The news of a second virus-positive case detected in Beijing - first mentioned yesterday by Crof, and that I wrote in Newshounds On The Trail Of The Latest Beijing H7N9 Report – has the unusual twist that this 4-year old hasn’t shown clinical symptoms of infection.
Since the vast majority of H7N9 cases detected to date have exhibited severe symptoms, this latest finding confirms that the virus can also generate mild, or sub-clinical symptoms in humans (we already know of its low pathogenicity in birds).
And that not only makes it harder to identify (and by inference, contain), it also suggests there may already be more cases out there than we currently are aware of.
Delving into all this is one of our favorite flu journalists Jason Gale, who interviews Dr. Ian MacKay (see VDU: Updated H7N9 Charts) - associate professor of clinical virology at the University of Queensland – and others, on what this may mean.
A short excerpt, but follow the link to read Jason’s full article, which also includes statements by Sinovac Biotech Ltd. CEO Yin Weidong and Michael O’Leary, WHO’s China representative.
By Bloomberg News - Apr 15, 2013 3:46 AM ET
Bird flu was found in a 4-year-old Beijing boy who has no symptoms of the infection, health authorities said, suggesting more people may be catching the H7N9 influenza virus than reported.
The boy is under medical observation. The case suggests some H7N9 infections may be going unrecorded because of a lack of obvious symptoms. Almost all the 60 previous cases in eastern China were extremely unwell, with complications extending to brain damage, multi organ failure and muscle breakdown.
“With asymptomatic cases around, I think everything changes,” said Ian Mackay, an associate professor of clinical virology at the University of Queensland in Brisbane, in a telephone interview today. “There has been a spike in pneumonia cases that have drawn the health officials’ attention, but the virus may have been going around as a normal cold.”
Dr. Mackay goes on to state `“It’s essential that lab testing of contacts is carried out as soon as possible to give us some information about the denominator: how many cases are positive for this virus, whether they’re symptomatic or not.’
Writing on his own website – Virology Down Under – Ian notes:
Added 15.04.13. Multiple reports of the first asymptomatic case in a 4-year old male (4M) living across the street from the previously H7N9-POS, 7F. This may demystify a lot of H7N9 confusion as well as seriously increase the threat level for H7N9 spread...a stealth virus not only in poultry but humans is a new game.
As I've suggested earlier, the widespread use of sensitive molecular detection methods, not just on the cases with the most severe clinical signs and symptoms, is absolutely essential to detect mild or asymptomatic cases of infection. The use of PCR in this way seems to have done just that. I'll keep a close eye on this story but I suspect it will result in a drastic change to the landscape of detection numbers and epidemiology.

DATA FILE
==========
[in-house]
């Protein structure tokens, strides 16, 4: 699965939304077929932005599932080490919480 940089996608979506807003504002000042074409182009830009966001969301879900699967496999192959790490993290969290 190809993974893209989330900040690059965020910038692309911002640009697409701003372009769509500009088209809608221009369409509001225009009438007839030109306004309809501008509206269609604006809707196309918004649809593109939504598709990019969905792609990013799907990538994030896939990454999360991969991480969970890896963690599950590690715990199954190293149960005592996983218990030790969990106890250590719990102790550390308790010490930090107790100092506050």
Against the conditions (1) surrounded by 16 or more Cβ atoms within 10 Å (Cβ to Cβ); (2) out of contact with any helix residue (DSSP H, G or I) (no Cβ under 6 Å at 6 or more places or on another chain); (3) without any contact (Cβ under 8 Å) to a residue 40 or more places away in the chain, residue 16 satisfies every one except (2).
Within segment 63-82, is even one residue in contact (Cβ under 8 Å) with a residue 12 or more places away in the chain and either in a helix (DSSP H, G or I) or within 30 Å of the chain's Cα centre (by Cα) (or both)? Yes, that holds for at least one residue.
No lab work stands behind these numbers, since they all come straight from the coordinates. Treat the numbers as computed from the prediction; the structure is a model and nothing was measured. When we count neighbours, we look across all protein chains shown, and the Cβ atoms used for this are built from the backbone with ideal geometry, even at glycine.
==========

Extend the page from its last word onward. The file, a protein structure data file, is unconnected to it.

Symptoms alone tell only a small part of the story of any respiratory virus. This may strengthen the case for H7N9 having been in the community for much longer than the pneumonia cases officially commencing back in Feb, suggest.
You’ll find a lot more at his website, plus his H7N9 dedicated page has some of the best graphics and analysis going.
Mild or asymptomatic carriage of the H7N9 virus would seriously impact attempts to detect and contain the virus.
Asymptomatic infection with influenza is believed to be fairly common (albeit, by its very nature, difficult to quantify), and is something we’ve discussed before, most recently in PLoS One: Influenza Viral Shedding & Asymptomatic Infections .
This particular study was conducted in Germany over 4 flu seasons (2007-2011) and involved four flu strains; seasonal (A(H3N2), A(H1N1), influenza B, and pandemic (A(H1N1)pdm09.
Among their findings:
- Nearly 1/3rd of cases began shedding virus while pre-symptomatic
- Viral loads in (six studied) asymptomatic cases were similar to that to patients exhibiting ILI (influenza-like-illness) symptoms.
- Viral load among symptomatic patients peaked on illness days 1, 2 or 3 and declined steadily until days 7–9
Of course, how closely these results might align with how the H7N9 virus behaves, when (or if) it ever becomes more transmissible, is unknown.
In Branswell: Limitations Of Airport Disease Screening, we saw that it was asymptomatic and pre-symptomatic carriers of the 2009 H1N1 virus that largely thwarted attempts at detection at ports of entry during the opening months of the 2009 pandemic.
With the SARS outbreak of 2003, it was the lack of asymptomatic (or pre- symptomatic) transmission of the virus that has often been credited for making it possible to contain.
The one advantage that we still appear to have over the H7N9 virus is that based on the evidence to date (always subject to change), this virus does not yet appear to be transmitting efficiently in the community.
The World Health Organization is aware of a few `family clusters’ that may indicate human-to-human transmission of the virus, and therefore state:
Whether that bit of luck with this virus continues will determine just how much impact this virus will have outside of China.